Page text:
With our aging population pressure is mounting on health services to provide the best possible care for more and more frail individuals. As resources are stretched more risks are taken to discharge patients as soon as possible, with as little support as required. This is absolutely the right thing to do and there is a huge amount of evidence to show why this is the case. Hospital is dangerous for frail individuals, take #endPJparalysis as a high profile example highlighting the risk of deconditioning.
One of the concerns which physiotherapists have when discharging a frail patient home from hospital is whether they are going to fall. We know that falls increase during the post-discharge period. Compared to the average annual fall rate of 30% in the general older community, 40% of older adults recently discharged from hospital fall at least once in the 6-month period following discharge and 54% of these falls result in a serious injury.
As Naseri et al report, many systematic reviews have taken place in the past and demonstrated the effectiveness of falls prevention interventions in the community. However these reviews did not evaluate interventions aimed at reducing falls risk in the post-discharge period. Naseri et al primary objective of their systematic review was to evaluate just that.
Their search used a respected systematic review strategy and they specifically looked at interventions provided to patients over 60 who were discharged from hospital to the community. To be included within the review the intervention MUST have been commenced in hospital or within 1 month of discharge.
The results of this systematic review suggest that:
- Home hazard modifications alone has a limited evidence that they reduce falls post-discharge. If services were tailored, individualised and were evaluated specifically for the post-discharge period results may be different.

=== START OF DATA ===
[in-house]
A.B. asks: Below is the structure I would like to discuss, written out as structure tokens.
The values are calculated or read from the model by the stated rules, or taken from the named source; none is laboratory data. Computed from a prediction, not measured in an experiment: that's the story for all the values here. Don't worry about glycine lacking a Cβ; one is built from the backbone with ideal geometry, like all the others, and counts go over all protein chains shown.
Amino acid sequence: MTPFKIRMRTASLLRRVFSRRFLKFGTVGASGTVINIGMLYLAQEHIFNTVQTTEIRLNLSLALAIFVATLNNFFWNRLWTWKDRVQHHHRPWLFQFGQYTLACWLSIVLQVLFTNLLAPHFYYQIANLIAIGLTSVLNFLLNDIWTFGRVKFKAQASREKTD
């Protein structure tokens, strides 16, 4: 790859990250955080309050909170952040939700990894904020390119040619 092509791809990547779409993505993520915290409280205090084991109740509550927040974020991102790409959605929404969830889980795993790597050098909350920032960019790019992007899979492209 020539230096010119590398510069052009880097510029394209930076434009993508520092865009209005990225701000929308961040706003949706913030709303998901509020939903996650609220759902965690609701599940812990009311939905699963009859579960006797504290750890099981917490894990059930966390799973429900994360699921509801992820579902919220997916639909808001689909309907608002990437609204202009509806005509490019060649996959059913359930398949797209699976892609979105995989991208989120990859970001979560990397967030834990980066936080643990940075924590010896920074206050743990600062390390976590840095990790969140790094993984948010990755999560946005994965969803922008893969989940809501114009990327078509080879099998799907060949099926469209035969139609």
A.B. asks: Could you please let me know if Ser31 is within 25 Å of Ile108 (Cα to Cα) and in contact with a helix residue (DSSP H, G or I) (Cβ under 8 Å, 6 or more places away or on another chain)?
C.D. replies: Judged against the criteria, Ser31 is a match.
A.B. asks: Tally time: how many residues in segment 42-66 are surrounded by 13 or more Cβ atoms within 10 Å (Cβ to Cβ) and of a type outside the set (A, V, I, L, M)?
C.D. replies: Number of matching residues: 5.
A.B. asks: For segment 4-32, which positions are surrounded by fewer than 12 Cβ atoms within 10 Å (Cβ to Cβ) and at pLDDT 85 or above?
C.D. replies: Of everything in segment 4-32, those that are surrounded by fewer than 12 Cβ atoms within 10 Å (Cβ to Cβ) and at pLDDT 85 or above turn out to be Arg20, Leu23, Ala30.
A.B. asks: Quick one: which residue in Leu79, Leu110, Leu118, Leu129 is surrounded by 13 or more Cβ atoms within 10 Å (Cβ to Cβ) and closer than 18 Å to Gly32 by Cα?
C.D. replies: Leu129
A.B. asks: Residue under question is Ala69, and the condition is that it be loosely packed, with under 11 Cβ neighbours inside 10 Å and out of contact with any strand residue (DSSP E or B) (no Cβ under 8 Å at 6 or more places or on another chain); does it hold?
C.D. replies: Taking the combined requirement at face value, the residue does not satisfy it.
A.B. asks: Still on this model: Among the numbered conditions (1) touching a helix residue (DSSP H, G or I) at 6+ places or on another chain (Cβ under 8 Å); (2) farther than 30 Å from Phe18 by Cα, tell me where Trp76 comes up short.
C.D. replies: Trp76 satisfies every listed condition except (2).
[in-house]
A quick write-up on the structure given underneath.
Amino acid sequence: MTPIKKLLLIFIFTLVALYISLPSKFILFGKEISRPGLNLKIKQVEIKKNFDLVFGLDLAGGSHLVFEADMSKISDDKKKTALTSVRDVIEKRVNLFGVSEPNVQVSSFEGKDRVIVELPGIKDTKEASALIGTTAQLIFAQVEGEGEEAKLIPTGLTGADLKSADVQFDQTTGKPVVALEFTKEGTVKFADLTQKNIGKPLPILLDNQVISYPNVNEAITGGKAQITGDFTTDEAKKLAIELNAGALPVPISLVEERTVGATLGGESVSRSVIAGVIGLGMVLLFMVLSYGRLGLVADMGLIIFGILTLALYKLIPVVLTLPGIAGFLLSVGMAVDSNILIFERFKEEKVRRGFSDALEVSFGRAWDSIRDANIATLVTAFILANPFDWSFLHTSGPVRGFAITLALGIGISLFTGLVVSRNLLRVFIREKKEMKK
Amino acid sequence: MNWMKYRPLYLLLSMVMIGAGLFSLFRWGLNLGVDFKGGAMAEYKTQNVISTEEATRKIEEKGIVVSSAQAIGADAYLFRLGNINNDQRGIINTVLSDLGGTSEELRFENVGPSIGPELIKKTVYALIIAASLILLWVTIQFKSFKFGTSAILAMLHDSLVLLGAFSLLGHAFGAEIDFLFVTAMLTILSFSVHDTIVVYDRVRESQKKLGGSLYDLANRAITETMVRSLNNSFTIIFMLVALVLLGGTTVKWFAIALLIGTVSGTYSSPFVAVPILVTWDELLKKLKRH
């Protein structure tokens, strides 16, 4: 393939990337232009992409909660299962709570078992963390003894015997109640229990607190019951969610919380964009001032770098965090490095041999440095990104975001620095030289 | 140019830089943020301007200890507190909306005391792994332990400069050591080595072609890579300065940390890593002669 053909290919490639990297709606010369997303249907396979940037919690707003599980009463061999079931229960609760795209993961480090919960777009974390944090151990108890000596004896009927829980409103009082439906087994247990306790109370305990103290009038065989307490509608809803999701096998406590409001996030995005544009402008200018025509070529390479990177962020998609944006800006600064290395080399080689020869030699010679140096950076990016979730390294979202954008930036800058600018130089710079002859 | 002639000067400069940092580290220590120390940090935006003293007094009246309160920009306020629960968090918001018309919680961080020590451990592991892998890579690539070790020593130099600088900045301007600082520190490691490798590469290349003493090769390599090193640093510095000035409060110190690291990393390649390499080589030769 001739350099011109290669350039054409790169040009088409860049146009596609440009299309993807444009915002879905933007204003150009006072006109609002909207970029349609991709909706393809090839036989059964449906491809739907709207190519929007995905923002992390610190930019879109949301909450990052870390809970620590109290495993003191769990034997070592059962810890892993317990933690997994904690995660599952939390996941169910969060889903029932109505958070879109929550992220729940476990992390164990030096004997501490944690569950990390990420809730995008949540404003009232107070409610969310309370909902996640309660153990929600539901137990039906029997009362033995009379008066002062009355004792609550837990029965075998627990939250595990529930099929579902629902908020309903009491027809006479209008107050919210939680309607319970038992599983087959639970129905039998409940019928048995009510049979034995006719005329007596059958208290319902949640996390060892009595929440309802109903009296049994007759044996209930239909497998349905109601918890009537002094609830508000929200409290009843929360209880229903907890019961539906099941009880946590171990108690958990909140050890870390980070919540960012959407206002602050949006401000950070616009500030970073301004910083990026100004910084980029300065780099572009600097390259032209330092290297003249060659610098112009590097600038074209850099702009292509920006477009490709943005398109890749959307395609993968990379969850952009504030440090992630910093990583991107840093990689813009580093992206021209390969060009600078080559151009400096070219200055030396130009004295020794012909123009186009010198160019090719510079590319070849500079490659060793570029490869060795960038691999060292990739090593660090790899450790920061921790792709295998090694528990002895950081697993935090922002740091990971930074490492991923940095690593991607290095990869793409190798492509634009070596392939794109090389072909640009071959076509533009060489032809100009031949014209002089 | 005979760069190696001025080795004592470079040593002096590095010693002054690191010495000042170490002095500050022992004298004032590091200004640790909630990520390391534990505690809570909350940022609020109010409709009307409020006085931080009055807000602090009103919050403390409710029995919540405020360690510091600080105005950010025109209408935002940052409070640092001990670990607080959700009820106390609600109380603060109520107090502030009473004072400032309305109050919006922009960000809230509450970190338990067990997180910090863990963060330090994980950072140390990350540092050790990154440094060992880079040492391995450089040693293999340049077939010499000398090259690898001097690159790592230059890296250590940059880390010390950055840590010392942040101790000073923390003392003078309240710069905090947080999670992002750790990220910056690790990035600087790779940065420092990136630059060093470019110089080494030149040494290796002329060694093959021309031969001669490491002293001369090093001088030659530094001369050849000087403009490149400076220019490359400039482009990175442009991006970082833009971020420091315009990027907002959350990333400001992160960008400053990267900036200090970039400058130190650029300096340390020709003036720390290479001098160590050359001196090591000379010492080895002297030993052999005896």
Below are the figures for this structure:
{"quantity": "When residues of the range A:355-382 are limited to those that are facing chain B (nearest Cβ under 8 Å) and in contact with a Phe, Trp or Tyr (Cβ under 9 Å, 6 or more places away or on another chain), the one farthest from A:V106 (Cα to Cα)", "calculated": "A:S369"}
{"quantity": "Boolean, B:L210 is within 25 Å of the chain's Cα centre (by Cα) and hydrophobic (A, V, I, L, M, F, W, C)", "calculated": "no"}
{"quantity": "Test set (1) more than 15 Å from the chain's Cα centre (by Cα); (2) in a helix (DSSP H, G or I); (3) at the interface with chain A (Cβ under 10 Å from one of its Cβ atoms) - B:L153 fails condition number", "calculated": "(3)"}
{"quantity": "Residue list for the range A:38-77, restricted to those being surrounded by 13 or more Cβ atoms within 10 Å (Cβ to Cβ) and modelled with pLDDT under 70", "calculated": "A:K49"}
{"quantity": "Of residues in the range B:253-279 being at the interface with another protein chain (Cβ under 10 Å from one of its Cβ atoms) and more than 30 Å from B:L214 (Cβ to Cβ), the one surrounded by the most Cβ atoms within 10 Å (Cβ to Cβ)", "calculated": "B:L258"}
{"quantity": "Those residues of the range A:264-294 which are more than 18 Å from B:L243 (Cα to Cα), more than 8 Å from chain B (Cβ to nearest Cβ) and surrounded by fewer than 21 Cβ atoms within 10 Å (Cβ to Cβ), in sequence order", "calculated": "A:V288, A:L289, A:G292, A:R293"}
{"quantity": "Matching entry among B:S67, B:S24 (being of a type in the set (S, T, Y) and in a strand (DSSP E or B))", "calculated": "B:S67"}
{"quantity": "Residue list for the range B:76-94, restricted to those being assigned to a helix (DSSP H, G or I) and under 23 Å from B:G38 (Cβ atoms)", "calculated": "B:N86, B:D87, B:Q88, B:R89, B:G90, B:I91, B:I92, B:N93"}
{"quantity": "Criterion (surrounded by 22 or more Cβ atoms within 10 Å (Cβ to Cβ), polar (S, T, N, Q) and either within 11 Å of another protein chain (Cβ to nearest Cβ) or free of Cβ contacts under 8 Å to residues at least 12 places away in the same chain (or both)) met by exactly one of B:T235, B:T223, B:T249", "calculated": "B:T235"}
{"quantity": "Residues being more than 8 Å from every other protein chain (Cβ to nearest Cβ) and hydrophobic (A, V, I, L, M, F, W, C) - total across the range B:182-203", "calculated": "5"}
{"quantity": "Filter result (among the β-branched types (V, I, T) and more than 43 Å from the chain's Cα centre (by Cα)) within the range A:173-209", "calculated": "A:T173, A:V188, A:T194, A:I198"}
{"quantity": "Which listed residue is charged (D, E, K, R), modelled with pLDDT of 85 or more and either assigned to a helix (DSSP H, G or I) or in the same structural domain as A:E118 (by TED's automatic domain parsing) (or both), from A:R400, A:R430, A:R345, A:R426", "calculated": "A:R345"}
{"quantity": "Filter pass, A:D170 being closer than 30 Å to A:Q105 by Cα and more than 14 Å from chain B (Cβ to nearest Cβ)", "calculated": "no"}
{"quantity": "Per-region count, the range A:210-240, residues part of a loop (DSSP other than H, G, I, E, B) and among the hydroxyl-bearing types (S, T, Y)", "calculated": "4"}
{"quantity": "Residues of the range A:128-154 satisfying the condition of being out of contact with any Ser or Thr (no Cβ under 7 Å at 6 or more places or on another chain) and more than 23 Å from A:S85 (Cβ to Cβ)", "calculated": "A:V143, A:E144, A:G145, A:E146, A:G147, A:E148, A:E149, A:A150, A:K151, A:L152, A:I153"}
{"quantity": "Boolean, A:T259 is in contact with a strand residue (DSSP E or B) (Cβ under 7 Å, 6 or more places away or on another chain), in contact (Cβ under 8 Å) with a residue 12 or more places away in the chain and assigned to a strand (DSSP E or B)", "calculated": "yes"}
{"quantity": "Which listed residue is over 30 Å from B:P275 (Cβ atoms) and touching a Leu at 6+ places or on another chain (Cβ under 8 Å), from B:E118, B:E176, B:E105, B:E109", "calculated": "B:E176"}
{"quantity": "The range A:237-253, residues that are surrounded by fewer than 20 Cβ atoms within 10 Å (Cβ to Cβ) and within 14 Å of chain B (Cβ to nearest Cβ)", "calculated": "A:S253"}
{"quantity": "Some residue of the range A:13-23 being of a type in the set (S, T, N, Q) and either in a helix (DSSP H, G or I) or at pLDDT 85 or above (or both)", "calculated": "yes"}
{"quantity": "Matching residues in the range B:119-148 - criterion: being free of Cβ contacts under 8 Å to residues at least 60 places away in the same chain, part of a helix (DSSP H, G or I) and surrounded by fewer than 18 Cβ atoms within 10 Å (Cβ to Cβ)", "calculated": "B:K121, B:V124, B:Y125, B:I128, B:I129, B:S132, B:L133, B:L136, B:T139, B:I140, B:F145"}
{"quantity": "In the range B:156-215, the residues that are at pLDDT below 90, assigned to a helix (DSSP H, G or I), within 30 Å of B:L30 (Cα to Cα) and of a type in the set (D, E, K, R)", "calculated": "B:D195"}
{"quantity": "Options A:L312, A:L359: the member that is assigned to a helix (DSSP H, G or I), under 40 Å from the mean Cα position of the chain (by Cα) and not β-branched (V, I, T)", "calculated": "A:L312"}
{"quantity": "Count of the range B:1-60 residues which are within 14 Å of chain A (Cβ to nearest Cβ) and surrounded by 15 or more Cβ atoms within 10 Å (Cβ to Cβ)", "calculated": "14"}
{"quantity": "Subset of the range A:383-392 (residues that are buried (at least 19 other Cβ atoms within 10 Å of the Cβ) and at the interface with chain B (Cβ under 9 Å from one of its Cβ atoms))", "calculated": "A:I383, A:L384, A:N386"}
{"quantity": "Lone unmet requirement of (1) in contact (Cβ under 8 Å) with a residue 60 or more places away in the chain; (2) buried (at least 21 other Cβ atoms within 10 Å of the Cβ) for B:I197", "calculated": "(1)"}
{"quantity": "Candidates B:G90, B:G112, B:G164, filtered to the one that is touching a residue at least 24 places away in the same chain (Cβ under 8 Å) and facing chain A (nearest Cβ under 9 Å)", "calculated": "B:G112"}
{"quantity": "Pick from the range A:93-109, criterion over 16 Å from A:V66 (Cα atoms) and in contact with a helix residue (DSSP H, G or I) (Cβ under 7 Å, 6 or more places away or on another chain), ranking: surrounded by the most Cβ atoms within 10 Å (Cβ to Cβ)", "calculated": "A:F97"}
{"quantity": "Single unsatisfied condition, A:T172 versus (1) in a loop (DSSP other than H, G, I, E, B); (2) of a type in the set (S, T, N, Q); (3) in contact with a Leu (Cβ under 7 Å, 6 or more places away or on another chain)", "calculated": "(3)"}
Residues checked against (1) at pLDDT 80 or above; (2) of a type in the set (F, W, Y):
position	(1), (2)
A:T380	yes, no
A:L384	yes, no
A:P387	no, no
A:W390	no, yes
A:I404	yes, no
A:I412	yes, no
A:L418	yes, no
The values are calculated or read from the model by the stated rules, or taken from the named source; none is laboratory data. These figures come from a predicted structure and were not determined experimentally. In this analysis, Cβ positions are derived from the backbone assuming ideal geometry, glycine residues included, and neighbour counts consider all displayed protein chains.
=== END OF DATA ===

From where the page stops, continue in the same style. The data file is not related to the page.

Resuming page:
- A home hazard modification may be beneficial for people with recurrent falls history.
- Falls prevention exercise programmes are beneficial for older people generally however during the post-discharge period they may be detrimental. If they contain exercises which provide a moderate to high challenge on balance falls increase. This is likely because this population is deconditioned as a result of their admission and acute illness. These programmes are usually unsupervised and have limited 1:1 contact time. To correct this more supervision, tapered intensity and duration is advised. Build up slowly!
- Vitamin D & calcium supplements alone do not reduce falls risk however are advised to protect against reduced bone mineral density.
- Nutrition supplementation for malnourished elderly was effective at reducing the risk of falls post-discharge.
- Services which target specific elements of frailty are likely to have a positive effect on falls risk and fall outcomes.
If you’d like to lean more about the falls risk factors discussed in this post then check out the content on Physiopedia: